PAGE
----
Friday, January 29, 2010
10 Tips for Picking the Right Retirement Spot
1. Cost of Living - One way to stretch your nest egg is to move to a place with lower housing, food, and entertainment costs. You need to estimate how your expenses will change if you move to a new area.
2. Low-tax locales - Seven states don't levy an income tax: Alaska, Florida, Nevada, South Dakota, Texas, Washington, and Wyoming. New Hampshire and Tennessee tax only dividend and interest income. And five states have no sales tax: Alaska, Delaware, Montana, New Hampshire, and Oregon. Also be sure to evaluate property taxes and state & local tax exemptions for seniors.
3. Healthcare facilities - You're bound to need more healthcare as you age so make sure the retirement spot you are looking into has adequate health and eldercare facilities and/or a doctor who can treat any condition you may have.
4. Proximity to family - Being near family sometimes has the added bonus of having support with daily living in addition to becoming more involved in grandchildren's lives.
5. Job opportunities - If you haven't saved enough or your investments have dropped in value you may need to work during the traditional retirement years. Look for a place that has plenty of part-time job opportunities or consulting work in a field that interests you.
6. Recreation and culture - Look for an area that has the type of recreation and culture that interests you. "College towns often fit the bill and host world-class speakers and entertainers, and they often have an affordable cost of living."
7. Public transportation - When it comes to a point when you can no longer drive consider the cost and quality of a town's public transportation system and how to get around without a car.
8. Housing needs - Downsizing goes a long way into stretching you retirement budget and giving you a place with less maintenance while retirement communities and assisted living facilities aim to cater to baby boomers' changing needs and whims.
9. Weather - Think about whether you want distinct four seasons. Warm climates come with higher air-conditioning bills. For some maintaining residences in the north and heading south for the winter provides the best of both worlds.
10. Amenities - Beyond covering the basics don't forget about things like libraries, Internet and cellphone access, shopping, religious institutions, and senior centers. If traveling will be part of you retirement years on a regular basis then you'll need to be near an airport or train station.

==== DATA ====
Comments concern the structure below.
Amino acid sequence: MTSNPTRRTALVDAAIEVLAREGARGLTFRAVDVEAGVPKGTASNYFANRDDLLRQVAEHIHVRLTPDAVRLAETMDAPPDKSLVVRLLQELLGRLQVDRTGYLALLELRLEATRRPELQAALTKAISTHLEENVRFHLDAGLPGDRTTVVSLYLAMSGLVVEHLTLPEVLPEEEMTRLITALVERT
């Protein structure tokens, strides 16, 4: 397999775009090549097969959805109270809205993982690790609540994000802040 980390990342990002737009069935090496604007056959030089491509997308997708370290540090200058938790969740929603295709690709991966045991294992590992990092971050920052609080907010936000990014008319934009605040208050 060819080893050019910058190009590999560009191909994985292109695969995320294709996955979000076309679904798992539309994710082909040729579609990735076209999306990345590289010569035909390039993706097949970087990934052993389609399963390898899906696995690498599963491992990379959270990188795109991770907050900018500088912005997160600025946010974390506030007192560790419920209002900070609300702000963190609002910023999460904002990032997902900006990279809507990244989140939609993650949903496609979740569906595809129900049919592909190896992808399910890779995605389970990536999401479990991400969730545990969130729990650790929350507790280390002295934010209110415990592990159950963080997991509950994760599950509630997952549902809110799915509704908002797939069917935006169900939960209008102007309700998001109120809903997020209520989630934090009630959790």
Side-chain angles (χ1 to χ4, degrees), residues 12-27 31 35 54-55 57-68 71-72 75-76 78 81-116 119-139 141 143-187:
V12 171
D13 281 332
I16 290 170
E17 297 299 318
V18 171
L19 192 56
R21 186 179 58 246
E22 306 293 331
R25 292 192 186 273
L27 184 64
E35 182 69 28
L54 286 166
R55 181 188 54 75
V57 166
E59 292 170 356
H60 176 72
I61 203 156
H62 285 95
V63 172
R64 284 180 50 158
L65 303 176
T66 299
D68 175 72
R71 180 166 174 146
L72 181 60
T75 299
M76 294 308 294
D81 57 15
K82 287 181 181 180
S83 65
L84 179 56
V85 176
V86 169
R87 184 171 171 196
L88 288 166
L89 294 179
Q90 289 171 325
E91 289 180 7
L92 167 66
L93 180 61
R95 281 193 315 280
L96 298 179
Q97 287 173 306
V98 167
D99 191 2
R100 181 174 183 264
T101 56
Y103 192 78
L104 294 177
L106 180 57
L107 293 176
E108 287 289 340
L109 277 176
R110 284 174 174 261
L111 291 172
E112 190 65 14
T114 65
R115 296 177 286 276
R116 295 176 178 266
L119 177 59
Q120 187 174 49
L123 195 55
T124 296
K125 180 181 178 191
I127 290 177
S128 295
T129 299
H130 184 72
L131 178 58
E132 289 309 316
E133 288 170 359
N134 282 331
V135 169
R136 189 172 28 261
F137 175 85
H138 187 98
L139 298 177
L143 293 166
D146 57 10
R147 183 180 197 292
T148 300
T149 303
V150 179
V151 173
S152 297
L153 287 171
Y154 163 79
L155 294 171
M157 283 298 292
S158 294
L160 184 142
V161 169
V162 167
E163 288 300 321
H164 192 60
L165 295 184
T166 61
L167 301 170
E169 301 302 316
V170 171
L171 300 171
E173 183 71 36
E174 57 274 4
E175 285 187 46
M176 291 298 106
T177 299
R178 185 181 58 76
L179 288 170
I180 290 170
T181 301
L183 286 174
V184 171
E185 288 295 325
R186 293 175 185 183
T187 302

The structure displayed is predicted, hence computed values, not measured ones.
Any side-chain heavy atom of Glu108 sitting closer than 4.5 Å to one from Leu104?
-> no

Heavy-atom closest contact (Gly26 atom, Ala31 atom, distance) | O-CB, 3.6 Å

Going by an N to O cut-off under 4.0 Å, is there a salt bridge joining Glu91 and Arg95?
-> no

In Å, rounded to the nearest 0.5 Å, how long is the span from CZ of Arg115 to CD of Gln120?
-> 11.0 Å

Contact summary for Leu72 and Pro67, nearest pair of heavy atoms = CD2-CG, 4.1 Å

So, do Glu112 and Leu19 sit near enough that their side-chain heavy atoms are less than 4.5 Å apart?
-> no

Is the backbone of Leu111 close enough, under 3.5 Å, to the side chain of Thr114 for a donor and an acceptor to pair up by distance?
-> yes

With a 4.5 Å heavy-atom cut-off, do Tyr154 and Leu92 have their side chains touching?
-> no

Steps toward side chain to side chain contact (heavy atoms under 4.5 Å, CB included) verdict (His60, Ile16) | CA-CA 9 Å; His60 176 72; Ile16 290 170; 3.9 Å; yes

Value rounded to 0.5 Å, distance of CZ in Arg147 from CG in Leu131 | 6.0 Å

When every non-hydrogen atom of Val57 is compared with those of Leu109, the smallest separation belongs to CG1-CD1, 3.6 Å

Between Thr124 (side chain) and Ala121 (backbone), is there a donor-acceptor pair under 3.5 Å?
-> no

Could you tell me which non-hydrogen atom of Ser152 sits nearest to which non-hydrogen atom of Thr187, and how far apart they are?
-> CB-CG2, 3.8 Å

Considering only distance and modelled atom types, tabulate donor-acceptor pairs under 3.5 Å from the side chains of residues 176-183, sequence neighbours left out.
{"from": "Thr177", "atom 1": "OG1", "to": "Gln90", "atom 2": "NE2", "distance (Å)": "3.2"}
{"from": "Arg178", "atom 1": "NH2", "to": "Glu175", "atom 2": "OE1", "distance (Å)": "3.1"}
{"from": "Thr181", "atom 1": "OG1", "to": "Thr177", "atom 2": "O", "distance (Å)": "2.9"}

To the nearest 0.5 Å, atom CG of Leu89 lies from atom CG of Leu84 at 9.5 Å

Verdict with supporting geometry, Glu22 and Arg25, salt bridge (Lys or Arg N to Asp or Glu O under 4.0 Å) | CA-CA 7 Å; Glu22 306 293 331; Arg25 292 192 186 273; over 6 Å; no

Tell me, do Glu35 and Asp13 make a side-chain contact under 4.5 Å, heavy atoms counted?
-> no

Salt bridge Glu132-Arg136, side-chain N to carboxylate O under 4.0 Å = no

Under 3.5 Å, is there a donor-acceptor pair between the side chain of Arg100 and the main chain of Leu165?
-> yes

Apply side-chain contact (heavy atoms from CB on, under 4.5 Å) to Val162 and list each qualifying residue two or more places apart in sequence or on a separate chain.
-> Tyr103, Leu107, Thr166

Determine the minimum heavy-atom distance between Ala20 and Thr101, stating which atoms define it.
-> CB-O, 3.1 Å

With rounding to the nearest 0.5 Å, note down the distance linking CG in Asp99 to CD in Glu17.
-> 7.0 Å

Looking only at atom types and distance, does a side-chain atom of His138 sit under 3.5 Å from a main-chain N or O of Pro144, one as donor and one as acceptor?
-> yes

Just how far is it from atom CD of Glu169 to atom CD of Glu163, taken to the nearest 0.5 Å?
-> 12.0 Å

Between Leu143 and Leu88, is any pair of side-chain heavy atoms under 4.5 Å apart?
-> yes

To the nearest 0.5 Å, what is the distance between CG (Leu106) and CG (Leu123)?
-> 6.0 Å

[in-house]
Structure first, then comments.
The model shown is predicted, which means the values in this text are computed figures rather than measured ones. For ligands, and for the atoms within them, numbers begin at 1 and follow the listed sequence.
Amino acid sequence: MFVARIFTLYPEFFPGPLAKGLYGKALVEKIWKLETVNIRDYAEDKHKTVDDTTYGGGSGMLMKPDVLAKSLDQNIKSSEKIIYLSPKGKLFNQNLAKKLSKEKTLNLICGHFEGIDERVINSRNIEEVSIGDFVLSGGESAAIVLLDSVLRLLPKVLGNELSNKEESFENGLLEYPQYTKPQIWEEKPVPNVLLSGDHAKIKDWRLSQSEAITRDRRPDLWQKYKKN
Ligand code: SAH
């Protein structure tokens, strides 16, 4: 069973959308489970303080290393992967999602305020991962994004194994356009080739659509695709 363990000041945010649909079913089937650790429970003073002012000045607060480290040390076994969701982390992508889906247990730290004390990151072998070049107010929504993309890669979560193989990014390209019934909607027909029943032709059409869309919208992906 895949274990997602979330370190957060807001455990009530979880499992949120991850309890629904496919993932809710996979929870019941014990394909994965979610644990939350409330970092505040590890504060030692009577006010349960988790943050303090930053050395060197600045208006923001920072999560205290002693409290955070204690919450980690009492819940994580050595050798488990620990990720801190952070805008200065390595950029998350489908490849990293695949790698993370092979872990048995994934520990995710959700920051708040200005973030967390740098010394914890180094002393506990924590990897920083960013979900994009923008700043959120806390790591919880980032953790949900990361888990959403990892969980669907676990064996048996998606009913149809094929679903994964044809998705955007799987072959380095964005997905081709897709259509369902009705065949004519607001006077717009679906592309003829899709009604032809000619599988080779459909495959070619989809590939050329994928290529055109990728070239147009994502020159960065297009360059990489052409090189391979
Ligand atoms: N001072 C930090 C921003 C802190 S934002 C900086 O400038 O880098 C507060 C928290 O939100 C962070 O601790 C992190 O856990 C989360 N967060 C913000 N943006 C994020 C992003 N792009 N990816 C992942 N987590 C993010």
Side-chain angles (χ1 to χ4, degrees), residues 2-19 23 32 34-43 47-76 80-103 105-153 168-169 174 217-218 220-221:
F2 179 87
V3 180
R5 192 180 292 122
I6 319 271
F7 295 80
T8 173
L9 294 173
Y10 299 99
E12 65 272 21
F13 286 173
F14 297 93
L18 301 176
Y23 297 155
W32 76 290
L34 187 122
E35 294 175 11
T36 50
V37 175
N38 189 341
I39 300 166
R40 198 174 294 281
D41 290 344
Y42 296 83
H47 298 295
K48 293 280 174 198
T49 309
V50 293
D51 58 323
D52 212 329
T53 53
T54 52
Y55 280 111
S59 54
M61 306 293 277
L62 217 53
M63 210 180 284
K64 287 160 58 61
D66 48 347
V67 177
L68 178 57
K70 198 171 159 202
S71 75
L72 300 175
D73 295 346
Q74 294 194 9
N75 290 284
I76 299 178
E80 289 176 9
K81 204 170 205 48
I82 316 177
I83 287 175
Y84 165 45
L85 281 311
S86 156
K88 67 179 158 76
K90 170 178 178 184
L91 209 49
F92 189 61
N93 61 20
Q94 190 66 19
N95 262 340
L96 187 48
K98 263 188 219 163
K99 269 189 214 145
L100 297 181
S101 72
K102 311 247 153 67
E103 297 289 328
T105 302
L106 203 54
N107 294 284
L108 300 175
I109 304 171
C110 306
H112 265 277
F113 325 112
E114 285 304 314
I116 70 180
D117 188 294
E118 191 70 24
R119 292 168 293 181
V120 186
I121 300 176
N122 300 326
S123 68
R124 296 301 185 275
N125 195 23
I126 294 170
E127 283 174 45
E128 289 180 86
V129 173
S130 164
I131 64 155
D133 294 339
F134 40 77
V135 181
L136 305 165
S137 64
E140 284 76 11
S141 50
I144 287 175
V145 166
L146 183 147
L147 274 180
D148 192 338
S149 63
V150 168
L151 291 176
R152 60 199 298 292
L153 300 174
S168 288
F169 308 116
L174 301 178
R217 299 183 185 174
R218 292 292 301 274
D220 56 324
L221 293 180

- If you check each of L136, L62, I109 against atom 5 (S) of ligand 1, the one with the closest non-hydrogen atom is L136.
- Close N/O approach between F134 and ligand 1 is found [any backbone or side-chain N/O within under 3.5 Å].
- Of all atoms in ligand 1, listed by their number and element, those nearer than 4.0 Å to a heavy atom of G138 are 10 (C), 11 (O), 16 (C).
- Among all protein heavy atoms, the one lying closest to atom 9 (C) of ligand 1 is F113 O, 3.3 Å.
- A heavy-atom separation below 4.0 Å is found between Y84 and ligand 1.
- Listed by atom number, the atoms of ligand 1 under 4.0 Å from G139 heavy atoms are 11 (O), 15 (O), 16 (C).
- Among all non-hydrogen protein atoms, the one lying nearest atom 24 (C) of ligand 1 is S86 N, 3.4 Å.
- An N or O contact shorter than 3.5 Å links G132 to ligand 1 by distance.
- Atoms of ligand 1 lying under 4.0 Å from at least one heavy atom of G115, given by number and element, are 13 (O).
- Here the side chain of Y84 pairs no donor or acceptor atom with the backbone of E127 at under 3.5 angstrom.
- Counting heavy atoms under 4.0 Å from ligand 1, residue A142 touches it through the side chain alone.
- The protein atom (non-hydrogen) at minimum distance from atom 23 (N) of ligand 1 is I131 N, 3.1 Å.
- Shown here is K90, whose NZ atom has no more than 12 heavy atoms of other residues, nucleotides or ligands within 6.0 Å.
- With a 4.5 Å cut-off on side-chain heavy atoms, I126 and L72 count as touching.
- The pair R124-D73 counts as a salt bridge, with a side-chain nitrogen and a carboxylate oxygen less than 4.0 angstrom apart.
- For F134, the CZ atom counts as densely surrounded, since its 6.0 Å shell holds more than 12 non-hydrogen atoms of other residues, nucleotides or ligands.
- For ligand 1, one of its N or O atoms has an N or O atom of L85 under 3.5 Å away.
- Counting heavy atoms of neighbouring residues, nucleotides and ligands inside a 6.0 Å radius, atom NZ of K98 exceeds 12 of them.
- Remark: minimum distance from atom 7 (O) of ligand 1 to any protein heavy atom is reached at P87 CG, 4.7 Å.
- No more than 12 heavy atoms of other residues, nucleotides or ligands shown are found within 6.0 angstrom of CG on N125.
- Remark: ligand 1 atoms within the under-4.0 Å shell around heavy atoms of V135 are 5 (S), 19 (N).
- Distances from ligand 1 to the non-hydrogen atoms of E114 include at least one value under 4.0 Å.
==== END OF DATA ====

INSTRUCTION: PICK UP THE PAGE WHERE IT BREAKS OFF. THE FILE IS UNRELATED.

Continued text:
Some cities provide a range of services to aid senior citizens.
To see the whole article go to: http://realestate.yahoo.com/promo/10-tips-for-picking-the-right-retirement-spot
Labels: retirement spots
Wednesday, January 27, 2010
Index of Hodgepodge Listings for 2009
Tuesday, January 26, 2010
Important Information If You Are On Facebook
This article was in The New York Times technology section on January 20, 2010.
Be sure to read the whole article on:
The 3 Facebook Settings Every User Should Check Now
(Thanks Diane for bringing this to our attention.)
Labels: Facebook settings
Monday, January 25, 2010
More Recipe Websites
At www.allrecipes.com go to:
At www.foodieview.com go to:
Be sure to click on "Recipe Search Engine" to see all the catagories. (Gluten-Free included here.)
Another slow cooker pork recipe sent along by Joan who had tried the Alton Brown's recipe, Slow Cooker Pepper Pork Chops, and said it was excellent.
1 1/2 lbs. boneless pork loin, cut into 1 inch pieces
1 onion chopped
3/4 c barbecue sauce
1 - 14 1/2 oz. can of chicken broth
1 - 8 oz. can of pineapple chunks in juice, drained
1 green pepper, chopped
Put all ingredients in to the slow cooker.
Cook on low 6-7 hours or 4 hours on high.
Serve over rice.
Friday, January 22, 2010
Haitian Church Steps In During Wait for Aid
The Wall Street Journal has put online a short three minute video interview and narrative of how the Diocese of Haiti is responding:
(Thank you Edna A. for passing this on to share.)
Again for donations to Episcopal Relief and Development, go to:
Wednesday, January 20, 2010
They carry their own exclusive fabric at $5.96 per yard made from 100% super-combed cotton grown in the USA.
Check them out on the web at:
The quilt on the cover is called "Birdies on a Wire" and can be purchased as a kit.
Labels: Connecting Threads
Tuesday, January 19, 2010
Free - Paperbacks, Hardcover, Audio Books, Textbooks and More
You join online and post the books you want to swap with other members. Once you find the book you want, just click the "Order this book" button. The books you receive are free and yours to keep. When another member requests one of your books, you accept the request and pay the postage to mail the book; they return the favor when they mail a book to you. When your book is received you get a credit, which you can then use to order another book.
There is Printable Postage right at the website:
•Exact Postage prints out from your printer
•No waiting in line at the Post Office
•No fussing with postage stamps
•Mail your packages from home
•Get instant credit when you click "book is mailed"!
Check it out at:
Monday, January 18, 2010
Martin Luther King - Standing Tall
Friday, January 15, 2010
Scene Change - to go with eMo 1/15/2010
Thursday, January 14, 2010
Whatever you can afford to give can help:
Sometimes when we are generous in small, barely detectable ways it can change someone else's life forever. - Margaret Cho
Episcopal Relief and Development is providing support in the aftermath of the earthquake in Haiti. Visit the website to donate and learn more:
If we have the opportunity to be generous with our hearts, ourselves, we have no idea of the depth and breadth of love's reach.
- Margaret Cho
Wednesday, January 13, 2010
Slow Cooker Pepper Pork Chops - Good Eats!
Slow Cooker Pepper Pork Chops
Prep Time: 20 min
Inactive Prep Time: 8 hr 0 min
Cook Time: 6 hr 20 min Level: Easy
Serves: 4 servings
2 cups vegetable broth
1/2 cup kosher salt
1/2 cup light brown sugar